Hugh and I were determined not to eat a steady diet of fast food, trail mix, and protein bars from Atlanta to Los Angeles. Currently in Las Cruces, New Mexico, we have somewhat fulfilled this mission, though I admit I am writing from a diner with pancakes, eggs, and bacon sitting right next to my laptop.
In each state we've traveled through, we have managed to sample some incredible local cuisine. We've found that unassuming storefronts can contain incredible food. Below are a few of the dishes we've eaten and restaurants where we've dined along our journey.
Pictured at left is The Coop in Tuskegee, Ala. They made the plate pictured at the top of this article, plus a few breasts of simply incredible fried chicken. It was definite southern eating and though our arteries hardened a bit, and the drafty restaurant wasn't too inviting on a freezing night, we thoroughly enjoyed the experience and the food. The ambiance was basic--rustic, even--with a TV blaring local news and a few cafeteria-grade tables and chairs soaking up light from exposed bulbs. Cigarette smoke curled around a corner as the cook took a break from her kitchen duties. But who cares when you're biting into perfectly fried chicken after a long day on the road?
In Selma, Ala., just west of the Alabama River and across the famous Edmund Pettus Bridge, a waterfront restaurant sits and quietly churns out incredible southern cuisine. Its faux-wood paneling, sagging drop ceiling, and worn carpet belie the magic coming from the kitchen. The fried catfish tasted as if it had been caught that day, and the accompanying hush puppies were also cooked to perfection.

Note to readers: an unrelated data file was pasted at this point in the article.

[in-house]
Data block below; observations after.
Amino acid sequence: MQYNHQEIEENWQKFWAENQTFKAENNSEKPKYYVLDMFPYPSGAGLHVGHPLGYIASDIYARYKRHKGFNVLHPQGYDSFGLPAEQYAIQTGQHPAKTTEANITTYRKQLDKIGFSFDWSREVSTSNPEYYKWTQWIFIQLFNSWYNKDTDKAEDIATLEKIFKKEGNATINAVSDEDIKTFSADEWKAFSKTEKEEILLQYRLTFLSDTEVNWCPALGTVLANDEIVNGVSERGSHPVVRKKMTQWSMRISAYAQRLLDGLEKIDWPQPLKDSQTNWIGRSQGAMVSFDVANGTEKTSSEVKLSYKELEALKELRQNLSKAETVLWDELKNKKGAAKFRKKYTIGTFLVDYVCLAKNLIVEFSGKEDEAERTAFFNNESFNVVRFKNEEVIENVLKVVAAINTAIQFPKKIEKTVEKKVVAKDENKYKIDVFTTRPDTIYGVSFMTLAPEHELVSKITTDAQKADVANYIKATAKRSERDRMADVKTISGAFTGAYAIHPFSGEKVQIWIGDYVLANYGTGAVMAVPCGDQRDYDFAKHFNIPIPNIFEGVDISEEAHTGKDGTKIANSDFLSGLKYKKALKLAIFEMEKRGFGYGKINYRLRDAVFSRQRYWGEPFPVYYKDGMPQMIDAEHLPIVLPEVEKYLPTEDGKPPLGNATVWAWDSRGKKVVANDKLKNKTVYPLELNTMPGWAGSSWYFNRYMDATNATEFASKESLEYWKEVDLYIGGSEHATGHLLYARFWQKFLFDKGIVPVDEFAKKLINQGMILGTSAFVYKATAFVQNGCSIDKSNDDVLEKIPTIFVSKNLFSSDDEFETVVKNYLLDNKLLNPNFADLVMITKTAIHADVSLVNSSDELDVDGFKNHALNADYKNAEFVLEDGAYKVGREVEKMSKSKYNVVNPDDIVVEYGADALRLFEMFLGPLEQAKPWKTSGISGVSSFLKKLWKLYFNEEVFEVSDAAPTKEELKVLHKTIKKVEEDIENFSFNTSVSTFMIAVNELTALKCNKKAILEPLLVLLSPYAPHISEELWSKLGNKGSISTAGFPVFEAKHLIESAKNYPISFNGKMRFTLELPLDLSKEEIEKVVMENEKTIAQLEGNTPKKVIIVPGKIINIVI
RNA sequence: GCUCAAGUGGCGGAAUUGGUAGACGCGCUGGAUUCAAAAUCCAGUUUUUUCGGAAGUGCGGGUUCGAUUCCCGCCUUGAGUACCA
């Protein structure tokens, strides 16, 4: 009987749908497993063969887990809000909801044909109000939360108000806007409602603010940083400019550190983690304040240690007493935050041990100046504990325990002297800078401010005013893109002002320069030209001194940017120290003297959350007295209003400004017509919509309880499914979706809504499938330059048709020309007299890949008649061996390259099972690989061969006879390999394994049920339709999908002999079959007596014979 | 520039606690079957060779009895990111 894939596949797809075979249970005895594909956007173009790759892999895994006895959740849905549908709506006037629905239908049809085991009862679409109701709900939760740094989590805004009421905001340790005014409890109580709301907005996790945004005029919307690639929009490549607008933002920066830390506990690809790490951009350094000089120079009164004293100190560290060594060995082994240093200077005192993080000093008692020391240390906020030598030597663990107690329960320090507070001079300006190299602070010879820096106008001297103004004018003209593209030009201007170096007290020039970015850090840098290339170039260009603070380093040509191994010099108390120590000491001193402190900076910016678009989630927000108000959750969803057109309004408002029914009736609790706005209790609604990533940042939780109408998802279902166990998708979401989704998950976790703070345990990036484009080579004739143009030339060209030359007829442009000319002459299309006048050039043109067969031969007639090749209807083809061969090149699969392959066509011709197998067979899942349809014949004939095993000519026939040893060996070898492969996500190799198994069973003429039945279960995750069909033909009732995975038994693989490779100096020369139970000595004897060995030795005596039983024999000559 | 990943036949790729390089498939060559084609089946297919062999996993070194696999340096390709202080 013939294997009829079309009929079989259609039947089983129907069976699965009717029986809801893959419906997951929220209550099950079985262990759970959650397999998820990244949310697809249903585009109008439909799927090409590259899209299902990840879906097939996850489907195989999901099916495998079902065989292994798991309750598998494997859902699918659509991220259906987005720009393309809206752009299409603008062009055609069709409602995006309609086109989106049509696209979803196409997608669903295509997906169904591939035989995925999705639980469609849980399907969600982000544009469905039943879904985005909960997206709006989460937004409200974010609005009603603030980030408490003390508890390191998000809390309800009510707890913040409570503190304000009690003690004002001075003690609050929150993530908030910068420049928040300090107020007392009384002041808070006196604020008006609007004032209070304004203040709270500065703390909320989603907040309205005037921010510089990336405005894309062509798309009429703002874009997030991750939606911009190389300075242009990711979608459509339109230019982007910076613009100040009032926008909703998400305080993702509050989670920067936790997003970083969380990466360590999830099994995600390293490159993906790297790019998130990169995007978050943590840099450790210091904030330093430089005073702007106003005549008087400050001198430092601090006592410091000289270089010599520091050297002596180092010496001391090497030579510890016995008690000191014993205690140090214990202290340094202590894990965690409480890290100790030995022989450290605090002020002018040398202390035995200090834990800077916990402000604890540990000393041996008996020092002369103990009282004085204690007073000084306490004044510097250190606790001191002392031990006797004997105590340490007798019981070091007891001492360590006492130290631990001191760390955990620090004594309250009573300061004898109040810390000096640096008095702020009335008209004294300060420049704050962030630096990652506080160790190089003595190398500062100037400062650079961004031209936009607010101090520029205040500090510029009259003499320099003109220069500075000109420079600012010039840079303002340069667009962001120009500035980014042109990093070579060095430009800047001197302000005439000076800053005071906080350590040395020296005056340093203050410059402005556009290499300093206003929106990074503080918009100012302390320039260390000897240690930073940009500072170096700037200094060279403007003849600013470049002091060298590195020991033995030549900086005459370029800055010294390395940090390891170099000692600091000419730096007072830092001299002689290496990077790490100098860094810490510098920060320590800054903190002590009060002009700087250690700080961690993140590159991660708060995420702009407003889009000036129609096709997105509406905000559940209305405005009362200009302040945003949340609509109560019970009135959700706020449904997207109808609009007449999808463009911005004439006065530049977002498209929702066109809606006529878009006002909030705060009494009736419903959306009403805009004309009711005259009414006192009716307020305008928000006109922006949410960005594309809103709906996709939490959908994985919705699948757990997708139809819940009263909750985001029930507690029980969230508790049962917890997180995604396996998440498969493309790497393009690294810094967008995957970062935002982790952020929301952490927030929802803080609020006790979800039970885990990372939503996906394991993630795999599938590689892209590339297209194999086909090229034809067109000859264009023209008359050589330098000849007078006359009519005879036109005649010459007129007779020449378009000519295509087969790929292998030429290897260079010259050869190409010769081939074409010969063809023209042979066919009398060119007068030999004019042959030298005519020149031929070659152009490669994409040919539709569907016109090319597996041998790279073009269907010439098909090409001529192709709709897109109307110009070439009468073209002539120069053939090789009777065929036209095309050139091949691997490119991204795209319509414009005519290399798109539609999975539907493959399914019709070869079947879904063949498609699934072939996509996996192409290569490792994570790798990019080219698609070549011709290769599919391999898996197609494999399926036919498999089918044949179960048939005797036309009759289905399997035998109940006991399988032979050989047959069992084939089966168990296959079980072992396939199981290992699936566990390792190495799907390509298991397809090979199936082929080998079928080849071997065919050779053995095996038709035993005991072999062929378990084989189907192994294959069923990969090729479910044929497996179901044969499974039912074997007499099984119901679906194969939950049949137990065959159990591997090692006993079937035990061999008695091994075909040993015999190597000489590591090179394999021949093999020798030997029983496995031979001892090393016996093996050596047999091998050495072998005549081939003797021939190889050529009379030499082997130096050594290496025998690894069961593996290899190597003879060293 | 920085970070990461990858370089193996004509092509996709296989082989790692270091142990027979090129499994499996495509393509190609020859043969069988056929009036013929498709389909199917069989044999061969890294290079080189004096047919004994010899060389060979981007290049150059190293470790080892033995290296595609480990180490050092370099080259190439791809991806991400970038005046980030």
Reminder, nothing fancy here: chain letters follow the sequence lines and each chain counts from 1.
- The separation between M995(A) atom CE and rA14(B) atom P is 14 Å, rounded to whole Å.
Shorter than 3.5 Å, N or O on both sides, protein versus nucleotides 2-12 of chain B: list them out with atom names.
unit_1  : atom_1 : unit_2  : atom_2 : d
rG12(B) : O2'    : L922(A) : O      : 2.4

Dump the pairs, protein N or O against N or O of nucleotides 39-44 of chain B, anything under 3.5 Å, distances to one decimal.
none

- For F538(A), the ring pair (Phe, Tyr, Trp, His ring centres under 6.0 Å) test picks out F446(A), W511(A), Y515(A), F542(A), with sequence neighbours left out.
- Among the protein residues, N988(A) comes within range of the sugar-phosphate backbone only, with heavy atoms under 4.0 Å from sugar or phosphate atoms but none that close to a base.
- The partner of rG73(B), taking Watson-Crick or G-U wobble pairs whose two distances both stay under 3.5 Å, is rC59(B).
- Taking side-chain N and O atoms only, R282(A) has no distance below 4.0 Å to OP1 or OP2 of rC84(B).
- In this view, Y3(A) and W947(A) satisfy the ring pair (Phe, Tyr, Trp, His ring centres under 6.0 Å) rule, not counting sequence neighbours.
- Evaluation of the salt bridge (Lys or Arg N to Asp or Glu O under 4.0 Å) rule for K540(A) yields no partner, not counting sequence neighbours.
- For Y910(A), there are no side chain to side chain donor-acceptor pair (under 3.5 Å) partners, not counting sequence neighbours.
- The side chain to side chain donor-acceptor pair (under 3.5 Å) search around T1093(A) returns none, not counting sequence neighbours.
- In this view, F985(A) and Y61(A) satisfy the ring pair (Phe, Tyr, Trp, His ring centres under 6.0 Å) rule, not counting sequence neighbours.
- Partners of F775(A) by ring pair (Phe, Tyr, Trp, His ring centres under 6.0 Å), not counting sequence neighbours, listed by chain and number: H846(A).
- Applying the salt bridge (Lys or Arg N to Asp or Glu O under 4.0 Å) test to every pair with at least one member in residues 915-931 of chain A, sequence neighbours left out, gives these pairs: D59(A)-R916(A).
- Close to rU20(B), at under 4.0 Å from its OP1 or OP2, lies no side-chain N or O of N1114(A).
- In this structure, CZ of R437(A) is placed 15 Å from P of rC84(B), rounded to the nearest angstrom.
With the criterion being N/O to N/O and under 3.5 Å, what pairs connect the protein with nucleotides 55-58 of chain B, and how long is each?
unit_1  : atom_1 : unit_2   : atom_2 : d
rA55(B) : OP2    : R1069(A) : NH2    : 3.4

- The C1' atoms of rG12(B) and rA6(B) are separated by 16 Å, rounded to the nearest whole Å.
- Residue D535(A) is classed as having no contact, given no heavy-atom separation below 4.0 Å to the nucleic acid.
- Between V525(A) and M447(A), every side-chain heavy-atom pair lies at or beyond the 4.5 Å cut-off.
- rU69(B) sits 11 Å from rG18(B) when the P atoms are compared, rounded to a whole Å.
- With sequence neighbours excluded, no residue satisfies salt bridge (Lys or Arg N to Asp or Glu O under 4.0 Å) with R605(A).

This morning in Carlsbad, New Mexico, Hugh and I decided to forgo Micky D's and instead ate an authentic Mexican breakfast at Rojas. Strong coffee, chorizo, huevos rancheros, and a gut-busting breakfast burrito (I don't know how to say that en Espanol
) filled us to capacity, and the waitress even brought us dessert on the house. We each ate one bite of the rich, fried cinnamon concoction and promptly waved the white flag.
What good is great food if you don't have a friend to enjoy it with? That's Hugh Dorsey on the left, doing his best to look cheerful right after he told me he'd kill me in my sleep if I ever made him pour smelly vegetable oil into a car in 29-degree weather again. All joking aside, he's been an awesome friend and assistant on this journey.
Despite his post at a prominent New York City law firm, Hugh is not the citified type you may think, having completed study abroad programs in countries as distant as Africa and China. He can kill and cook a chicken himself, thank you very much, and has done roadside repair on dusty Land Rovers in the African desert. He likes the idea of recycled and renewable fuel, and to prove his interest he has jumped in and lent a hand with everything from filter changes to refueling the old Benz wagon. Not to mention, he has been indispensable as a co-pilot, giving me a chance to rest when fatigue sets in.
Upon completing the journey, Hugh and I will be back in the gym double time, trying to work off the destruction wreaked by all of the fried food and so many days spent in the saddle.--Colin Mathews
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